Tag Archives: Dipoles

The solution for apartment/condo dwellers, perhaps?

By Jock Elliott, KB2GOM

It was research on preselectors that led me to this: Improving HF Reception – The RadioReference Wiki

In that section of the RadioReference Wiki, written by Mike, KA3JJZ, I found the following:

Another way an active preselector could be used is to use it to load a very short dipole – say not more than 1 meter (roughly 3 foot) for each leg. A number of years ago, a company called Datong marketed such an antenna (with a preamp right at the antenna feedpoint) that was popular in Europe and to some lesser extent in the Americas because it’s easy to hide the antenna.

In the magic of my mind, I could picture using the short dipole strung across two windows — or a large window — in an apartment or condo (or anyplace with antenna restrictions) and connected to an MFJ 1020C. I had not yet done the experiment, but I had tested the 1020C and found it to be a worthy piece of gear. So I thought the short dipole/1020C experiment might be worth a shot.

The heart of the short dipole, the LDG 9:1 unun.

So I cut two yard-long lengths of wire and attached them to a 9:1 unun. I created loops at the outer end of each leg of the dipole and hung the whole assembly from a curtain rod covering two windows. A coax links the short dipole to the MFJ 1020C, and a jumper connects the output of the 1020C to my Satellit 800 receiver.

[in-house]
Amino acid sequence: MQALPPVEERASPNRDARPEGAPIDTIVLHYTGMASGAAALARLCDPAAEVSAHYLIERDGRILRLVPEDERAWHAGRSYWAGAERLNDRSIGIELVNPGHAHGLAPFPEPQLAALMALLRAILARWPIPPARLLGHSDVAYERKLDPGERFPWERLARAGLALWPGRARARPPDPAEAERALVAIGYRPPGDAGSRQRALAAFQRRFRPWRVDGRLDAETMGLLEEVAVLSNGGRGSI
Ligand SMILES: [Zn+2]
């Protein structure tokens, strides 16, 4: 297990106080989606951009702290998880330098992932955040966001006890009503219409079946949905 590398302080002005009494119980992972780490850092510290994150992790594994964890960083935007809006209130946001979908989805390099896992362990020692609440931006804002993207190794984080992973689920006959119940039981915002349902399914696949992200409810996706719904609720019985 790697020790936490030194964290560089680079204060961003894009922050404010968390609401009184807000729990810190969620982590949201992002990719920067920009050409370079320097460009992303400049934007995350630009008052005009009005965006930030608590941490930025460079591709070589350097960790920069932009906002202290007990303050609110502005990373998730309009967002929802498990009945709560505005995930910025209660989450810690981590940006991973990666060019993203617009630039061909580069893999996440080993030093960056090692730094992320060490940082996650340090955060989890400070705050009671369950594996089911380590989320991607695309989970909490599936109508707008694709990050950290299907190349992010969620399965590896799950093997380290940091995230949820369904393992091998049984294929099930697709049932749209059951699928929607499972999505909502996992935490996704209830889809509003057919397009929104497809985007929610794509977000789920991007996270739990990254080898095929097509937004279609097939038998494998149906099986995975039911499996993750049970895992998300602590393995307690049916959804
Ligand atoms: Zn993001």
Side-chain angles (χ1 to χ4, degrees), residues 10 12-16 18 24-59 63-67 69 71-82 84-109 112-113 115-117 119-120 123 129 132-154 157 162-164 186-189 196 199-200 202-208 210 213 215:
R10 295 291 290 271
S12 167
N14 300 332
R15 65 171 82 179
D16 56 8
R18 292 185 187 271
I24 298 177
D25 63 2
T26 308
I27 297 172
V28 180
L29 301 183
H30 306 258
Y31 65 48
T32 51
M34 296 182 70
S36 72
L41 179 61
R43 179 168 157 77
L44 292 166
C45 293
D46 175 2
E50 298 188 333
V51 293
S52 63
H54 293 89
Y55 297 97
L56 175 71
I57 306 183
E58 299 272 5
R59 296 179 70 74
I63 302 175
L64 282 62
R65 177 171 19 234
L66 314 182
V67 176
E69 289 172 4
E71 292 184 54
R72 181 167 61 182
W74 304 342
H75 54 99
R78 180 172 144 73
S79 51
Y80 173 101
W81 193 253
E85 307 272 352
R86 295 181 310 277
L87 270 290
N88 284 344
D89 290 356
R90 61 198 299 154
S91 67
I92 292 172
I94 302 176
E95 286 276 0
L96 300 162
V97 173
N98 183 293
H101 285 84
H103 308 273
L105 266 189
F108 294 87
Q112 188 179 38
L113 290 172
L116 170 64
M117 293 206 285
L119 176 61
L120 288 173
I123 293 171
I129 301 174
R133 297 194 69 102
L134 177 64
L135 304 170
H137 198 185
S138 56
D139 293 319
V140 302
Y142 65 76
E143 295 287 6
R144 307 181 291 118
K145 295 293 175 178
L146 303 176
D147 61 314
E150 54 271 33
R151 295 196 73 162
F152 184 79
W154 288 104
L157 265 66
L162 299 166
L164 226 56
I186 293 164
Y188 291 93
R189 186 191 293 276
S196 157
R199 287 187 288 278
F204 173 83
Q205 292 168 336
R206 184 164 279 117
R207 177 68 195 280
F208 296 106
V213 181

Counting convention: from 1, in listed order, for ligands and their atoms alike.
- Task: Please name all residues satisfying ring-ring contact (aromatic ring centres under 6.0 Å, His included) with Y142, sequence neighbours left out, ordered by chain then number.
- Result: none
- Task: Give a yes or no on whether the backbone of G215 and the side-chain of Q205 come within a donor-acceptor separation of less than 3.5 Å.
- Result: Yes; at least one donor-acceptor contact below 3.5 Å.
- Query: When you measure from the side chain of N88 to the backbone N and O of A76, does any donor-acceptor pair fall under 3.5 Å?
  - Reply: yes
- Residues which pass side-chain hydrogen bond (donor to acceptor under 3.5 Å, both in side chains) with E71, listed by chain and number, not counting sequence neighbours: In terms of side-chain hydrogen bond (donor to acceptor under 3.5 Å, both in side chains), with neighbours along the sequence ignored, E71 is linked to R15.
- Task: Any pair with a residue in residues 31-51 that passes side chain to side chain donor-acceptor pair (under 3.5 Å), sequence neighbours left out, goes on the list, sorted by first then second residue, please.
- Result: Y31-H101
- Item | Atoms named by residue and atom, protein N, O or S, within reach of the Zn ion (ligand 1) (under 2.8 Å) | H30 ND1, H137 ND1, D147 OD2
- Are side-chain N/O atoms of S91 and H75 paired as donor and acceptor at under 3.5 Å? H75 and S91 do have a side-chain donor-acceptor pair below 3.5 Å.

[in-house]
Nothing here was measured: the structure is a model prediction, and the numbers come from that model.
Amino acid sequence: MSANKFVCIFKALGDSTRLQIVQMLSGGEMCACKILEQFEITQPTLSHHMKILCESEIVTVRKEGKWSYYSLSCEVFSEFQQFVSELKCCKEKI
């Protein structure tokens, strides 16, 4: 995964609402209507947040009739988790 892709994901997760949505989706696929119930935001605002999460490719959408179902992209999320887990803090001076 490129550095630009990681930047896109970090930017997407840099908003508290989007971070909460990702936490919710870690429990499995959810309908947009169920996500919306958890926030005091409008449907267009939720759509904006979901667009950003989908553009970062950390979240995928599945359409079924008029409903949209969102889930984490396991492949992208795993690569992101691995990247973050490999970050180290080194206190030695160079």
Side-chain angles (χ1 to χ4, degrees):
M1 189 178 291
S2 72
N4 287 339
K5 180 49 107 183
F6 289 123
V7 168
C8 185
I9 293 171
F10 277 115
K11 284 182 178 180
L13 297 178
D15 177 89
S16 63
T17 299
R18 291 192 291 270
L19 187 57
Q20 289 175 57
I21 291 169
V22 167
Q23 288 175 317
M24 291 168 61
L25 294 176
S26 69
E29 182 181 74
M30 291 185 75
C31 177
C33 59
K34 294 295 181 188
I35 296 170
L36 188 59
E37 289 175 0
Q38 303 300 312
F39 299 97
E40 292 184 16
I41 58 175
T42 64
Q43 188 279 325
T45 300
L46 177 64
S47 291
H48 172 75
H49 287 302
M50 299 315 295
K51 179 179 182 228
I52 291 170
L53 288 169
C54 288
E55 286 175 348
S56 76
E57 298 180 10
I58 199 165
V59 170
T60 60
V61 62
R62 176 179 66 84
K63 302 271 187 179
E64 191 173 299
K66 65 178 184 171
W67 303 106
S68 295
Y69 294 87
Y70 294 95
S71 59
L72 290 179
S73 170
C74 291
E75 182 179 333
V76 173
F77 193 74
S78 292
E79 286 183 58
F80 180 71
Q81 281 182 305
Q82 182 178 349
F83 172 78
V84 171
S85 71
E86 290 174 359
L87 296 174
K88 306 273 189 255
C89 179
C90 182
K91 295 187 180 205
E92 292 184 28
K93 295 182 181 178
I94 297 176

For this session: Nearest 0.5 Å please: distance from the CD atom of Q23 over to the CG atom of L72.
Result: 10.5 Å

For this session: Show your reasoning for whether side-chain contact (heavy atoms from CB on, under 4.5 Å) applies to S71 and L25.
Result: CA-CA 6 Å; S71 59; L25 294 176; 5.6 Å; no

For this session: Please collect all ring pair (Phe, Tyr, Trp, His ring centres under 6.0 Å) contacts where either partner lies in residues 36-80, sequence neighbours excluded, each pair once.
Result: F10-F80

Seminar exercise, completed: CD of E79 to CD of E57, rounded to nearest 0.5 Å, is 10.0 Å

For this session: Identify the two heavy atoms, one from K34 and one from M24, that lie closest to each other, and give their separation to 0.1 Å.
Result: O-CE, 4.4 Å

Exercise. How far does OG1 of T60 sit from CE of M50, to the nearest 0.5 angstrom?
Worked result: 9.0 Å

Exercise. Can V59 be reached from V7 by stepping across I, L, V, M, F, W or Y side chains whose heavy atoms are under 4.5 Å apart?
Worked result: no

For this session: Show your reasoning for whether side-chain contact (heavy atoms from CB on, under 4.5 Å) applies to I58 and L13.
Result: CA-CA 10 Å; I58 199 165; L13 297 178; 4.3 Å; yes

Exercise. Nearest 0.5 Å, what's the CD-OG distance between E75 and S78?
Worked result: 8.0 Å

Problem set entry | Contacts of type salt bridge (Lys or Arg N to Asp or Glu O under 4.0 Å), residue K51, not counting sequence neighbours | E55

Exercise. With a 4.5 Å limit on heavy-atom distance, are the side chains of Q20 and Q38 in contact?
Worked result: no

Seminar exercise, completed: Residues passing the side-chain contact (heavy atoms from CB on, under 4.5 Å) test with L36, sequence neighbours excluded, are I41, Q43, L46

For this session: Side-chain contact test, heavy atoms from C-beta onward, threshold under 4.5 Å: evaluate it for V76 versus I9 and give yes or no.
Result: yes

The completed dipole. Not fancy, but it works.

Bottom line: it works. The vast majority of the time, even when the 1020C preselector is in bypass mode, the short horizontal dipole/1020C combo delivers a better signal-to-noise than the Satellit’s vertical telescopic antenna. (In rare cases, they are equal.) And when the preselector amplification circuits are activated and properly tuned, the signal is usually improved, often significantly. The Big Trick is to use the preselector to peak the noise at the frequency you want to hears and then tune slightly to the side of best listening.

Obviously that would be cumbersome for band-scanning, but you could band-scan in bypass mode and then tweak the “hits” with the amplification circuitry. In all, if you are living in an antenna-challenged situation, the short dipole/1020C combo just might make your shortwave listening better.

Final thought: Mike, who wrote the section of Radio Reference wiki that inspired this experiment, said:

You do have to watch your gain otherwise you will get a lot more noise than signal. I did my experiment using an old Palomar preselector. You can also try using a YouLoop as the antenna – it should, in theory, work even better than just a simple whip.

One thing that you could mention in your article is that there is an advantage to having a small dipole like that as the receiving element. Not only is it fairly easy to hide, it can be moved around to find a somewhat quieter location. However the coax should be kept as short as you can, otherwise there is a chance that common mode noise would become an issue – particularly if it runs near computers or other RFI sources

Remember that even a 1 or 2 S unit improvement might make the difference between hearing a signal and not hearing it at all. All we are doing here is trying to improve the signal/noise ratio coming into the unit. That little vertical whip on the 1020c is not likely to be the best choice, and that’s what I am trying to improve upon.

– Mike KA3JJZ

Thanks, Mike!

Spread the radio love